Validity Testing Product Launch
It's been a whirlwind year for Precision Sports Technology! Having incorporated in November 2021, 2022 has been the first full year of development having spent the previous few years working on code evenings and weekends while the founder was working a full-time job with a multinational technology company.
The pinnacle of the year (along with winning Silver in Emerge Tech at the National Startup Awards!) was finally launching our product trials with the University of Limerick Department of Physical Education and Sport Science. We spent the majority of 2022 working on our business plan, meeting with potential clients to get feedback on our idea and then implement that in product development.
One of the first things coaches, trainers and physiotherapists ask is "How accurate is the software?" It's absolutely fundamental. The goal of our technology is to provided automated objective analysis on movement patterns, so the data must be valid and reliable. The industry standard in sport science and medicine is to conduct a validity and/or reliability study with sport science researchers and biomechanists.
According to Wikiversity, the definition of validity in sport science refers to the agreement between the value of a measurement and its true value. Validity is quantified by comparing your measurements with values that are as close to true values as possible. Reliability refers to the reproducibility of the measure - if all biological factors are the same, does the technology produce the same result?
For Precision Sports Technology, our first proof point is a validity study. We need to quantify exactly how accurate our joint tracking system is compared to multi-camera markered motion capture systems. These mocap systems generally feature 8-12 infrared cameras configured in a laboratory setting, wired to a computer hub, manually calibrated and generally connected to force plates also. They can be extremely complicated and laborious to use. Facilities with systems such as these tend to have a professional technician to configure and perform the calibration. Ahead of each assessment, reflective balls are polished with alcohol wipes to ensure they are optimally detected and placed on specific positions of the body. After the assessment, each ball needs to be manually labelled on the software to then extract the data and compare.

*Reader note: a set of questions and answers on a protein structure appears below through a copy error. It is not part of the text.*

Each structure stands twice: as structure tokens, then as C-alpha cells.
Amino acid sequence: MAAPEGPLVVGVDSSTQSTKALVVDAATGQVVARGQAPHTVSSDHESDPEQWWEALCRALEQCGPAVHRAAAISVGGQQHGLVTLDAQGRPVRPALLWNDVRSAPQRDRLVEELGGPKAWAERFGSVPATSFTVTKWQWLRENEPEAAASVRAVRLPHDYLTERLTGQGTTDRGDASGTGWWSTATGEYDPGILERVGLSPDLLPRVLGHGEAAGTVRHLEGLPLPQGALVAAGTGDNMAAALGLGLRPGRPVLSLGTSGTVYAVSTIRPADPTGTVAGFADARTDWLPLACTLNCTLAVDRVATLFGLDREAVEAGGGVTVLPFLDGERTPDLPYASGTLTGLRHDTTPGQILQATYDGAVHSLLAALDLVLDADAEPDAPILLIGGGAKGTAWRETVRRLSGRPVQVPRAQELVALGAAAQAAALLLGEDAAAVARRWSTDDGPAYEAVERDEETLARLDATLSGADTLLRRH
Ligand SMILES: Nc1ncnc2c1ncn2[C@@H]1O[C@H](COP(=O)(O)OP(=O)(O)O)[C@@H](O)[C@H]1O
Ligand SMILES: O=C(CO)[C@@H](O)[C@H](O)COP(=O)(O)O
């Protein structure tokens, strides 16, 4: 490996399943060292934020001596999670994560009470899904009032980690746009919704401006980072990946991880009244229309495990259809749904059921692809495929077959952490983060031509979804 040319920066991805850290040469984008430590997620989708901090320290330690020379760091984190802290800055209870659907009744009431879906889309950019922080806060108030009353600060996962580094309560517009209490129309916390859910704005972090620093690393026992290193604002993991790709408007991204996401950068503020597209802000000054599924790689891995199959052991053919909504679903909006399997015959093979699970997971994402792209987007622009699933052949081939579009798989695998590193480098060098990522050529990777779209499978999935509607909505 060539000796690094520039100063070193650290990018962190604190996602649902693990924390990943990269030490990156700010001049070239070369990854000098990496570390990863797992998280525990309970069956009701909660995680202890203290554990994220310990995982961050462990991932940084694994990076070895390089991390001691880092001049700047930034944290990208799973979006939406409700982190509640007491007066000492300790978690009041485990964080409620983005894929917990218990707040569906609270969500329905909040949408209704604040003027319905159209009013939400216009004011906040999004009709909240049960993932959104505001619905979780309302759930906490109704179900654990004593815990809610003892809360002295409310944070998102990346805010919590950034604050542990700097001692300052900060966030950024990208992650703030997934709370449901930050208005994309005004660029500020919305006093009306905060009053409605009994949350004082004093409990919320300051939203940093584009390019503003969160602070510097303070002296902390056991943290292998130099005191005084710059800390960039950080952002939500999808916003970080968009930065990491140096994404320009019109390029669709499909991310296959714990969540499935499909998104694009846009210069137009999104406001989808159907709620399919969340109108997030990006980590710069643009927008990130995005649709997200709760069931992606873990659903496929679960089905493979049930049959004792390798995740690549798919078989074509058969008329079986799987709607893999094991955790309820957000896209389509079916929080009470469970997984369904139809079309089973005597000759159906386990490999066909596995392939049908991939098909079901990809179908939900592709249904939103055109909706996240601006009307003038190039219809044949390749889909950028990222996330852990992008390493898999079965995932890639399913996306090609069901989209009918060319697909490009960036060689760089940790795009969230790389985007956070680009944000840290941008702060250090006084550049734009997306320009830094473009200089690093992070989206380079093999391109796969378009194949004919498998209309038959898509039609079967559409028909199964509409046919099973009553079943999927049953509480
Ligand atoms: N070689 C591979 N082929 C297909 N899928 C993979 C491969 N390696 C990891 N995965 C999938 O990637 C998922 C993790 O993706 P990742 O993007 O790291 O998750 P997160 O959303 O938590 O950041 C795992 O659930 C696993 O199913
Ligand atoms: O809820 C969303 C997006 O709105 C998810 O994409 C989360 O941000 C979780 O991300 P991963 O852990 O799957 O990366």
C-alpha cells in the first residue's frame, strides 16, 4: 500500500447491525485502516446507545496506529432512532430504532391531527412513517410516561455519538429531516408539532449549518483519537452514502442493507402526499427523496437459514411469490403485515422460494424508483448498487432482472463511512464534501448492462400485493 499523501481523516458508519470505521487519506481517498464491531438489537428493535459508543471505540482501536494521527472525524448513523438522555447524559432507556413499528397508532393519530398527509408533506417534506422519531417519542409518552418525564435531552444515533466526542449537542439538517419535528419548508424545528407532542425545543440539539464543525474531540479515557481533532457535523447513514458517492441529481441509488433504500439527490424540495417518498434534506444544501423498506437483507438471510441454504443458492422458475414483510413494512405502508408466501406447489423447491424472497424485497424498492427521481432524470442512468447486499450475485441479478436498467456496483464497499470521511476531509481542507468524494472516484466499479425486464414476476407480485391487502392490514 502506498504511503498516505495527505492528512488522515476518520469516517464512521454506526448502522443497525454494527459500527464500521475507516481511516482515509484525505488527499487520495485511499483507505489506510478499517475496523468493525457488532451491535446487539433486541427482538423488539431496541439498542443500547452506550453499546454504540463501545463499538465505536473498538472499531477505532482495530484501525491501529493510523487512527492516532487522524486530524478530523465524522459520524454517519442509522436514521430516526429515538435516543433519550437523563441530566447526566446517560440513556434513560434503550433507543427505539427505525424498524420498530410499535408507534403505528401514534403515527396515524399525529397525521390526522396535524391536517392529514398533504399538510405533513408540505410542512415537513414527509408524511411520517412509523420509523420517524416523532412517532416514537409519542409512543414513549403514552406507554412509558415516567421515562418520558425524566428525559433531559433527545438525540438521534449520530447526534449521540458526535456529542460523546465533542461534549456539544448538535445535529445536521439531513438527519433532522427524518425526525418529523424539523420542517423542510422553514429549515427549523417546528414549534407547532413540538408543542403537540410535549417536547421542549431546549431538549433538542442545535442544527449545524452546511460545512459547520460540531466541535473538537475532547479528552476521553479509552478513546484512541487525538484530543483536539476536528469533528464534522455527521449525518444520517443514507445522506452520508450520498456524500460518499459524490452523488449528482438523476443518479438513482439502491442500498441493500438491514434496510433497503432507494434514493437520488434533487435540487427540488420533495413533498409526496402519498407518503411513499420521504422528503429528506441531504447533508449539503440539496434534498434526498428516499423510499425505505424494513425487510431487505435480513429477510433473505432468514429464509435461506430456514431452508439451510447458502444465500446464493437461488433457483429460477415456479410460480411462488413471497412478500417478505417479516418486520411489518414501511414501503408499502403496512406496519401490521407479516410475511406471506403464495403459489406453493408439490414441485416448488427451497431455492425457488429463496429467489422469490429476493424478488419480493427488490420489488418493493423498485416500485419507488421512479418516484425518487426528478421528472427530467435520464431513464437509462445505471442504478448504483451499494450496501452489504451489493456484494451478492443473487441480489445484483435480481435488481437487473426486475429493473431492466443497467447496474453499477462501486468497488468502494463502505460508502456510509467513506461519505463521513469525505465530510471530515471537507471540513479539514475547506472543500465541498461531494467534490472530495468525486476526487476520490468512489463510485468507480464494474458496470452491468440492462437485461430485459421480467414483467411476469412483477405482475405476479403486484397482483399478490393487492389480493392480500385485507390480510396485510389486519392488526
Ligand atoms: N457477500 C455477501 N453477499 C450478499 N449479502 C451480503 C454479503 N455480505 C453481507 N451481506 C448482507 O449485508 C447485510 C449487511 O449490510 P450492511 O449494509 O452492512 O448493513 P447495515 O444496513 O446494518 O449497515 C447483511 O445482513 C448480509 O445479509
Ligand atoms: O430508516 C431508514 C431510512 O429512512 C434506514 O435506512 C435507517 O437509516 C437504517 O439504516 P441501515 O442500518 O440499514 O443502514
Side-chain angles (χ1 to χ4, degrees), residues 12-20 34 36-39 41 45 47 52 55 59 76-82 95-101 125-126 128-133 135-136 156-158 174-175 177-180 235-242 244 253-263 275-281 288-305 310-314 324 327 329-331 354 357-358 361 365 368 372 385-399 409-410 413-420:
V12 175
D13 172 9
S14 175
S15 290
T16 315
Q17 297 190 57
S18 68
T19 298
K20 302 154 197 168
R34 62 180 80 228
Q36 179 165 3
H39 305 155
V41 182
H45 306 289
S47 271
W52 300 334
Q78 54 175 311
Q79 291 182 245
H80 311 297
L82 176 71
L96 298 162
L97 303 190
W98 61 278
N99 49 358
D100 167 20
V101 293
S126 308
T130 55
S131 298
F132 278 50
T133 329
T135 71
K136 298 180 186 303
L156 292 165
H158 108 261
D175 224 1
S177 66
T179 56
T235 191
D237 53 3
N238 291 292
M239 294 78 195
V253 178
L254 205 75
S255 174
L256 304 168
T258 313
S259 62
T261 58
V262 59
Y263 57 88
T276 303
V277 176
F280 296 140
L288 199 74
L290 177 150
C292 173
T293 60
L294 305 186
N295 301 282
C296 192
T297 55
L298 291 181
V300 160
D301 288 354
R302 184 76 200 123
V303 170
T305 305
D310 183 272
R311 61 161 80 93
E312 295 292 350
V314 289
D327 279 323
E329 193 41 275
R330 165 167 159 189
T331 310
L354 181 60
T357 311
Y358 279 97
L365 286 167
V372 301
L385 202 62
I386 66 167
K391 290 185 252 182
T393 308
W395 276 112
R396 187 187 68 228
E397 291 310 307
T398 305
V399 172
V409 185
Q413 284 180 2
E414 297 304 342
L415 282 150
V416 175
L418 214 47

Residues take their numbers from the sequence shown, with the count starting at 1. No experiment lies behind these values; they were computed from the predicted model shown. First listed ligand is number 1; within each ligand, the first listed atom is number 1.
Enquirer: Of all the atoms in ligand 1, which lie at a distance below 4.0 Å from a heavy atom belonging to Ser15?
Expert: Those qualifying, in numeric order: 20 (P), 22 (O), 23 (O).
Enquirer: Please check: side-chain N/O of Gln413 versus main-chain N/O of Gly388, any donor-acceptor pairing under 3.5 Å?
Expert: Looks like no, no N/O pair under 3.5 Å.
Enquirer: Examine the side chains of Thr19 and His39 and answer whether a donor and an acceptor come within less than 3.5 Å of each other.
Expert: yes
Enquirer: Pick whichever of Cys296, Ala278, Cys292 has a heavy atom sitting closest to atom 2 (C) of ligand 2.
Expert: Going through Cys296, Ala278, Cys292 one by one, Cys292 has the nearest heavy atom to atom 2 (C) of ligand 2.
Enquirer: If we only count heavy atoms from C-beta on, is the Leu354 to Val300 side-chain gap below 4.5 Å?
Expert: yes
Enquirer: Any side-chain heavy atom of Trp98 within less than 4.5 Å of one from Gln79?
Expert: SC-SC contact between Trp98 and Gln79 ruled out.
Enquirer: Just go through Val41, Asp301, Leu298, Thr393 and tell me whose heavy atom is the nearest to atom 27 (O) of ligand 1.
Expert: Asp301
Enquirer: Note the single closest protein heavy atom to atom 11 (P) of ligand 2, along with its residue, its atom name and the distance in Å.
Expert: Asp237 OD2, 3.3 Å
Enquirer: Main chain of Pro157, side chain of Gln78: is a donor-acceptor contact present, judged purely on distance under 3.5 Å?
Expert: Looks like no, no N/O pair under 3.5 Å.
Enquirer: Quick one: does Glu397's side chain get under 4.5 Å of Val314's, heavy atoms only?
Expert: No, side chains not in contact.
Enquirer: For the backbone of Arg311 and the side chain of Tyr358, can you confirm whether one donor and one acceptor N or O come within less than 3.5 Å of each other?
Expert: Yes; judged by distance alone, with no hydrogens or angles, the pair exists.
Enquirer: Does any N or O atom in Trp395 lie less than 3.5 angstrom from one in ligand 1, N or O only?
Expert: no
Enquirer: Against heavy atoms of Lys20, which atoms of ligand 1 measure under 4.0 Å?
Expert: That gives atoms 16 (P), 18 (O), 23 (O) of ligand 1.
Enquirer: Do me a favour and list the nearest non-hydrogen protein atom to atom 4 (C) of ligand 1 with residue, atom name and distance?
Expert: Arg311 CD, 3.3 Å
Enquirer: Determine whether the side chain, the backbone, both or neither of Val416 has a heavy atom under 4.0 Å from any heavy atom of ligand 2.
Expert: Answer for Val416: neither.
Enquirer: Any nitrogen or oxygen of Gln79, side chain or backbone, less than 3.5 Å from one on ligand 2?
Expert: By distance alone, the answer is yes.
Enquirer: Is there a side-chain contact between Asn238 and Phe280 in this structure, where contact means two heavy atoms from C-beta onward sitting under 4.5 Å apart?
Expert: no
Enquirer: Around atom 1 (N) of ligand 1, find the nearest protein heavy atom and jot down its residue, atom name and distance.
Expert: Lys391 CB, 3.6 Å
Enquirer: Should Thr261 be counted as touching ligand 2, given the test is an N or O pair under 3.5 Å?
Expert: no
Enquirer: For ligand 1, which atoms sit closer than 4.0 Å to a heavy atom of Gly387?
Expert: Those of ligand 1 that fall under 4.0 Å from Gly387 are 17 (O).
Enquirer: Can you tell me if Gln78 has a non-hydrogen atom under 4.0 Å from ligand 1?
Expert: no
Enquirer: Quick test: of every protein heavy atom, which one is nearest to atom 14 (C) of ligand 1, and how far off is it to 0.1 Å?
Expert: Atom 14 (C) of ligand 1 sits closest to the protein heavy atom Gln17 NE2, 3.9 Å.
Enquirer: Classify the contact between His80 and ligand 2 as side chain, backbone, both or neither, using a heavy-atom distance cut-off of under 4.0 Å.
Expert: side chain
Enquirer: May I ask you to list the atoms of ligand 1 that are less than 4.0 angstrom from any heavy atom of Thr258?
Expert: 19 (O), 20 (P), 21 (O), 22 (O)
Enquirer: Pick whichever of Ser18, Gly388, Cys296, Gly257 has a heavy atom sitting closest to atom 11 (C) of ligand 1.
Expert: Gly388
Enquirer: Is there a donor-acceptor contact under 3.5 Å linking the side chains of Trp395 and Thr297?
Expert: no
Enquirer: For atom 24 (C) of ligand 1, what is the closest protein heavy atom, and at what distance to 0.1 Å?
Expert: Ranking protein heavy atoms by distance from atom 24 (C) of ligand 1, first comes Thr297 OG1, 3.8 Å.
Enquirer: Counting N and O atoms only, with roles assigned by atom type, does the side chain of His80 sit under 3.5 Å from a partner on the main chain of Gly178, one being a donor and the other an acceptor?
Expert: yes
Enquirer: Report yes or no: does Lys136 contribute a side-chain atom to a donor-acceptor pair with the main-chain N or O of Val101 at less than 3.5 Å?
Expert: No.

In Precision Sports Technology's software, we automatically label all joints and provide the 3D data for each joint at a rate of 90Hz. The motion capture systems mentioned above are not only highly complicated, but cost and space prohibitive for practical settings such as in a gym, club or clinic. Some leading providers in multi-camera motion capture systems include Qualisys, Vicon, Optitrack and BTS Bioengineering. For the full system, prices can range to anything from €100,000 to upwards of half a million! Not only are they too large and difficult to use in a practical setting, the cost is also completely prohibitive to a coach, small team or private individual looking for measure their movement patterns and historically track progress.
At Precision Sports Technology we're looking to democratise movement analysis, by bringing the high-level accuracy of multi-camera markered motion capture to mobile devices, through the use of LiDAR sensor technology and artificial intelligence.
We are working with Dr Ian Kenny, three of his undergraduate Sport Science final year students and the laboratory technician D.J. Collins to undergo the validity study over the coming weeks and months. We officially handed over the latest version of the software on November 18th 2022, which we believe has high level of accuracy for joint tracking. Time will tell exactly how accurate it is - stay tuned in 2023 as we process the results from the trials!